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Drunk Drivers Beware

Medford police officer Robert Rightnour found his niche after joining the force a little less than three years ago.

Rightnour's 80 drunken-driving arrests so far this year lead the department, prompting police Chief Tim George to deem him a "DUII hound."

"Rightnour is getting after it out there," George said. "He is one of the reasons we are probably going to break a record for the number of DUIIs in 2011."

So far this year, the department has made 420 arrests for driving under the influence of intoxicants. That puts the agency on pace for 600 DUII busts for the year, which would be a record. The department made 400 DUII arrests all of last year.

The bulk of the arrests happen on the weekend, of course.

"The officers who work Friday, Saturday and Sunday are making the most DUII stops," George said. "In fact, 134 of the 420 DUIIs have come from three officers. They work the weekend shift."

Anyone who goes bar-hopping in Medford on a weekend night has to be aware of the police presence in the downtown area.

Medford patrol cars make continuous loops through the downtown corridor, looking for drivers who seem to have trouble staying within their lanes or who make illegal turns.

Those are the tell-tale signs that a driver may have imbibed a bit too much before cranking the key and taking off for home, Rightnour said.

"You have to pay attention to all the cars on the road on weekend nights," he said. "When you see one that is having trouble staying in the lane or driving erratically, then you make the stop."

The bulk of his shift is spent on DUII patrol, a task he said he enjoys — even though one DUII arrest can mean up to 10 hours of paperwork and court time.

"It's a lot of work," he said. "DUII reports can be long and detailed. Also, you might have to attend a DMV hearing and then even a trial."

The Medford department is just large enough to allow officers to specialize in certain crimes. Some cops lean toward scoring drug busts, while others chase warrants when they are not answering 9-1-1 calls.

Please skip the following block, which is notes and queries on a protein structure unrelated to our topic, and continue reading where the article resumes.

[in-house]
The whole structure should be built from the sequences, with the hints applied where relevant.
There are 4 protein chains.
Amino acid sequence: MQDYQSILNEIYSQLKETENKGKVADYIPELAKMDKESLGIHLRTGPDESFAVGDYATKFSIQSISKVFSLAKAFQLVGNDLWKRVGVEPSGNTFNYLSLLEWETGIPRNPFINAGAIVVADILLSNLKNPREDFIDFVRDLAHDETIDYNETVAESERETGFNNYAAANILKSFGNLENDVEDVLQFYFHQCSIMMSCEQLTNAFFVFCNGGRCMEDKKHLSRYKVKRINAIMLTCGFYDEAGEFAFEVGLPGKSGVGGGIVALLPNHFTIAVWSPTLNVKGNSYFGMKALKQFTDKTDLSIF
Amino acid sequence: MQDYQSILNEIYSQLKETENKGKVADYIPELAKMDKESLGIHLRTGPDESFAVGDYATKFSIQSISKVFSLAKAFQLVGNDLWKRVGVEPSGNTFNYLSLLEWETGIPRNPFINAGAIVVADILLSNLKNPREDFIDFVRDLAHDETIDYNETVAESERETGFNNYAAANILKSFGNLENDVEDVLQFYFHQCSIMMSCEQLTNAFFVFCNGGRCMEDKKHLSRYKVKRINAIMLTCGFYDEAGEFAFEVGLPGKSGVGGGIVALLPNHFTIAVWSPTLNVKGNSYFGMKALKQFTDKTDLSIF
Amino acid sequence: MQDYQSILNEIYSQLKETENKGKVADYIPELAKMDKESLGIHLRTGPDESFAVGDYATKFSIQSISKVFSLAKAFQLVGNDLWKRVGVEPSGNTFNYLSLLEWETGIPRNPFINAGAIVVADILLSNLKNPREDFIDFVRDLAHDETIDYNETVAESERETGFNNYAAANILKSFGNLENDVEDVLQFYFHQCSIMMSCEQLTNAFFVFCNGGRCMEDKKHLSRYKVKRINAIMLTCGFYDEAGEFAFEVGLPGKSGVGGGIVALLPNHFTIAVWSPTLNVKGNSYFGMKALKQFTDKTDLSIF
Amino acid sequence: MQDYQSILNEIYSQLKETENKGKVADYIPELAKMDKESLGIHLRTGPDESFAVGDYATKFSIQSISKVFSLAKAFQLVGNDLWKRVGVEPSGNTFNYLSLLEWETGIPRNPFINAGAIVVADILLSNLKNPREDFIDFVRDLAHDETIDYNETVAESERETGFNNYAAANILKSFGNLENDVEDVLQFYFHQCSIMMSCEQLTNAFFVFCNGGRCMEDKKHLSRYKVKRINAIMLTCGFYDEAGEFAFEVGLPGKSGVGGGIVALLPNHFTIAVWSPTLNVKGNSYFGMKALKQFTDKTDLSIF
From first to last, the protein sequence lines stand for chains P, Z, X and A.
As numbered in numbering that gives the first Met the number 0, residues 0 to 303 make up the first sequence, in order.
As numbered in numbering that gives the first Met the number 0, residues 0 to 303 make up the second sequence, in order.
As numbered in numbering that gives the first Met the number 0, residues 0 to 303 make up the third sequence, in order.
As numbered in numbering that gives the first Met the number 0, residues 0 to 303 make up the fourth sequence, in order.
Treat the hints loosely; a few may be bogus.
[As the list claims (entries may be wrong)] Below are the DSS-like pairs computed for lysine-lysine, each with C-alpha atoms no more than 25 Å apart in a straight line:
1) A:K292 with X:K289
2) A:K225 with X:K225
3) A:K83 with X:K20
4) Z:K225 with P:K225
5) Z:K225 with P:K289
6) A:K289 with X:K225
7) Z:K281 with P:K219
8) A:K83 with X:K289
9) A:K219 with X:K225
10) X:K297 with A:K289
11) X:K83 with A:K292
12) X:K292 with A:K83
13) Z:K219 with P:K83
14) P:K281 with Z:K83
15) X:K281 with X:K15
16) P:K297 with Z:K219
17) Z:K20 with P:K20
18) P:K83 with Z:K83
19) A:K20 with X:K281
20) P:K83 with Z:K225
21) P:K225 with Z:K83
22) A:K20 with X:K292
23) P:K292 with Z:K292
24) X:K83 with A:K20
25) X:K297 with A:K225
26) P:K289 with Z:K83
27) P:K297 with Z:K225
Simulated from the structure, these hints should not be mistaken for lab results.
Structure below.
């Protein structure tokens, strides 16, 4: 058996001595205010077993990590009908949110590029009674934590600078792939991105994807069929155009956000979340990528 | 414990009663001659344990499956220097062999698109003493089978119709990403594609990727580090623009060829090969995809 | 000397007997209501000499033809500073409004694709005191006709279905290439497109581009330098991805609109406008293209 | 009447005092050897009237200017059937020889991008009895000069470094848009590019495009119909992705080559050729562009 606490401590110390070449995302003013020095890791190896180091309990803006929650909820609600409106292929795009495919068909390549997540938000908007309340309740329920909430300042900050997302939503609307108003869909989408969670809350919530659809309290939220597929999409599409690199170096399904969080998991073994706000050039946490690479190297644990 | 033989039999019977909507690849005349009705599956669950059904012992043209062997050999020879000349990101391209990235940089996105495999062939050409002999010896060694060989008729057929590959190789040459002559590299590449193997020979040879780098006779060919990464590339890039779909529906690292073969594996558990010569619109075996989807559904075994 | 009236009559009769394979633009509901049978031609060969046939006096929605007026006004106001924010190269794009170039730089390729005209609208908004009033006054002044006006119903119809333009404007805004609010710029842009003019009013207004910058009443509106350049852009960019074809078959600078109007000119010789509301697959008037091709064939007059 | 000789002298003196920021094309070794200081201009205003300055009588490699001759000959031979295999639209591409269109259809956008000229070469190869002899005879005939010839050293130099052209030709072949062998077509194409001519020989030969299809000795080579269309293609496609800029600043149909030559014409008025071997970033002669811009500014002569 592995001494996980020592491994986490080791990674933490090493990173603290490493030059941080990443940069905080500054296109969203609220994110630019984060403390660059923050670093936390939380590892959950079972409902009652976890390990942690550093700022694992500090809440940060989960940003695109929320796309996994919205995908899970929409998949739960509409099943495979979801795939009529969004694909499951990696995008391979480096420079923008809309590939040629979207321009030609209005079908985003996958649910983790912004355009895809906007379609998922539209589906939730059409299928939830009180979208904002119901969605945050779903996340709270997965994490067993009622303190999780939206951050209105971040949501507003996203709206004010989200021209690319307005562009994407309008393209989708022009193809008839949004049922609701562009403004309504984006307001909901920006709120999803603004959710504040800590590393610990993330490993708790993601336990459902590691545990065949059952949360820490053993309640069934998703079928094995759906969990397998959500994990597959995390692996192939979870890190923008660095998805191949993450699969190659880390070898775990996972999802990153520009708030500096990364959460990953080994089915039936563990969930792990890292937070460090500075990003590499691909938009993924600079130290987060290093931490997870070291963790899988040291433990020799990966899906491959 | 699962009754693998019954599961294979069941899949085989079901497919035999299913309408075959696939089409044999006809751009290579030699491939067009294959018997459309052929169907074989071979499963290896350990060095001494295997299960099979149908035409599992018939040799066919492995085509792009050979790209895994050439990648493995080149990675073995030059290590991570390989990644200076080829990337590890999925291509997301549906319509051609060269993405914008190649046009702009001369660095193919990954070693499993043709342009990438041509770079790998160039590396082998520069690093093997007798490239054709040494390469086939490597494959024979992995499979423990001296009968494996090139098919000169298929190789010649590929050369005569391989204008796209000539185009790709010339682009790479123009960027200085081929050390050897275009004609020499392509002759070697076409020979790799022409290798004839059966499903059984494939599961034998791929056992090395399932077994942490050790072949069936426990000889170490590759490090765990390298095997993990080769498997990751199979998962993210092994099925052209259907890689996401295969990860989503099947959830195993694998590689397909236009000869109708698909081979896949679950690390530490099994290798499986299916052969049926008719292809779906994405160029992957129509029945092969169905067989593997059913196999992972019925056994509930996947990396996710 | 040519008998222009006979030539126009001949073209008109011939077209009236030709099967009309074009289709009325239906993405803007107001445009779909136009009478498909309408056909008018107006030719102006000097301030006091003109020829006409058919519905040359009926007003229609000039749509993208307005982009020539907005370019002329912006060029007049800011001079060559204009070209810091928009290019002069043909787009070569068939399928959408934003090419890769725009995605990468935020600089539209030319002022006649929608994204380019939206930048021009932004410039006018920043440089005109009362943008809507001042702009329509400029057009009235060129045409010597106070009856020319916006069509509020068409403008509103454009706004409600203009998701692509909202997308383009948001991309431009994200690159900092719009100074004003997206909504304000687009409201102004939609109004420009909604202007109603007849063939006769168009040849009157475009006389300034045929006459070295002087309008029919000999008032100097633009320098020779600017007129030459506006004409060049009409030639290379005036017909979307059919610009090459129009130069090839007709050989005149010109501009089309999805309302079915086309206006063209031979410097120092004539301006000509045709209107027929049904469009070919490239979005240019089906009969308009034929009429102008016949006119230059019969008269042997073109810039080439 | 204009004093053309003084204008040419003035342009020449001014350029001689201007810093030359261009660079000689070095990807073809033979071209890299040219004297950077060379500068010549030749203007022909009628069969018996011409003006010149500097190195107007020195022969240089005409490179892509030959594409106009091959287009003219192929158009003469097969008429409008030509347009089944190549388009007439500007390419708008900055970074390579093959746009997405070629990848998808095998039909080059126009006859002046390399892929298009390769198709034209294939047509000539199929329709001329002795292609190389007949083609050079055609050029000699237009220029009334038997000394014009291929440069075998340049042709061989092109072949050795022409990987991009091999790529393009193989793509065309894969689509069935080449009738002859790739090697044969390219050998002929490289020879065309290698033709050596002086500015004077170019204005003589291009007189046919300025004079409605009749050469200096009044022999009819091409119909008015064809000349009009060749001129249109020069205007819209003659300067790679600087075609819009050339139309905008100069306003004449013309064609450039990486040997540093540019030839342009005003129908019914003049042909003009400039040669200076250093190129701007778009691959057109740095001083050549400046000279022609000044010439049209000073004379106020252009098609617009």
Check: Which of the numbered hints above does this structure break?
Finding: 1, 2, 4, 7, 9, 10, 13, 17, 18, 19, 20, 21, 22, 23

Rightnour believes his calling is conducting the sometimes frustrating, and sometimes dangerous, DUII sobriety tests on the side of the street.

"I've had people fight me," he said. "People who have had too much to drink can be aggressive. And the DUII can be a stressful situation."

Rightnour recalls grappling with a drunk at Providence Medford Medical Center. The man drove his equally intoxicated girlfriend to the hospital and was reported by staff as a menace on the road. Rightnour approached the man in the hospital and the fight was on.

"I ended up charging him with DUII," he said. "He was apologetic afterward. He might not have even realized what he was doing because he was very intoxicated at the time."

The bump in DUII arrests this year is the result of a variety of factors, George said. The increase does not necessarily mean more drunk people are on the road.

"We have been short-staffed in recent years, so that affects our numbers," George said. "We are approaching full staff, so we just have more people on the road making DUII arrests."

Some might argue the department focuses too heavily on DUIIs, perhaps at the cost of pursuing other crimes. After all, a DUII is only a misdemeanor.

Rightnour doesn't see it that way.

"The bottom line is getting drunk drivers off the street," he said. "I've been on accident scenes where drunk drivers injure other people and themselves."

On Saturday, Rightnour cruised downtown for several hours before he was called to a car reported swerving in its lane near South Riverside Avenue.

The man agreed to a sobriety test that included staring at a pen to check for nystagmus. Nystagmus is an eye disorder that appears when a person is intoxicated. The pupils bounce when crossing from side to side.

After watching the man's eyes, Rightnour asked the man to hold up one foot and count. The man seemed unsteady on his feet, but was able to complete the task.

After another look into the man's eyes, Rightnour made his determination.

"I appreciate that you've been cooperative," Rightnour said. "But I am going to arrest you for DUII."

The man later blew a blood-alcohol content of .13 in a breathalyzer, which is above the legal limit of .08.

Rightnour pulled over a handful of drivers for traffic infractions before his DUII arrest. He stopped drivers for rolling through stop signs and driving a bit too fast. On a few occasions the driver admitted to having a few drinks. Rightnour put them through the paces of a sobriety test and then let them go when he determined they were able to drive safely.

Reach reporter Chris Conrad at 541-776-4471; or email cconrad@mailtribune.com.

The Medford Police Department is on track to set a record for DUII arrests this year and Officer Robert Rightnour is leading the charge with 80 arrests to date. - Julia Moore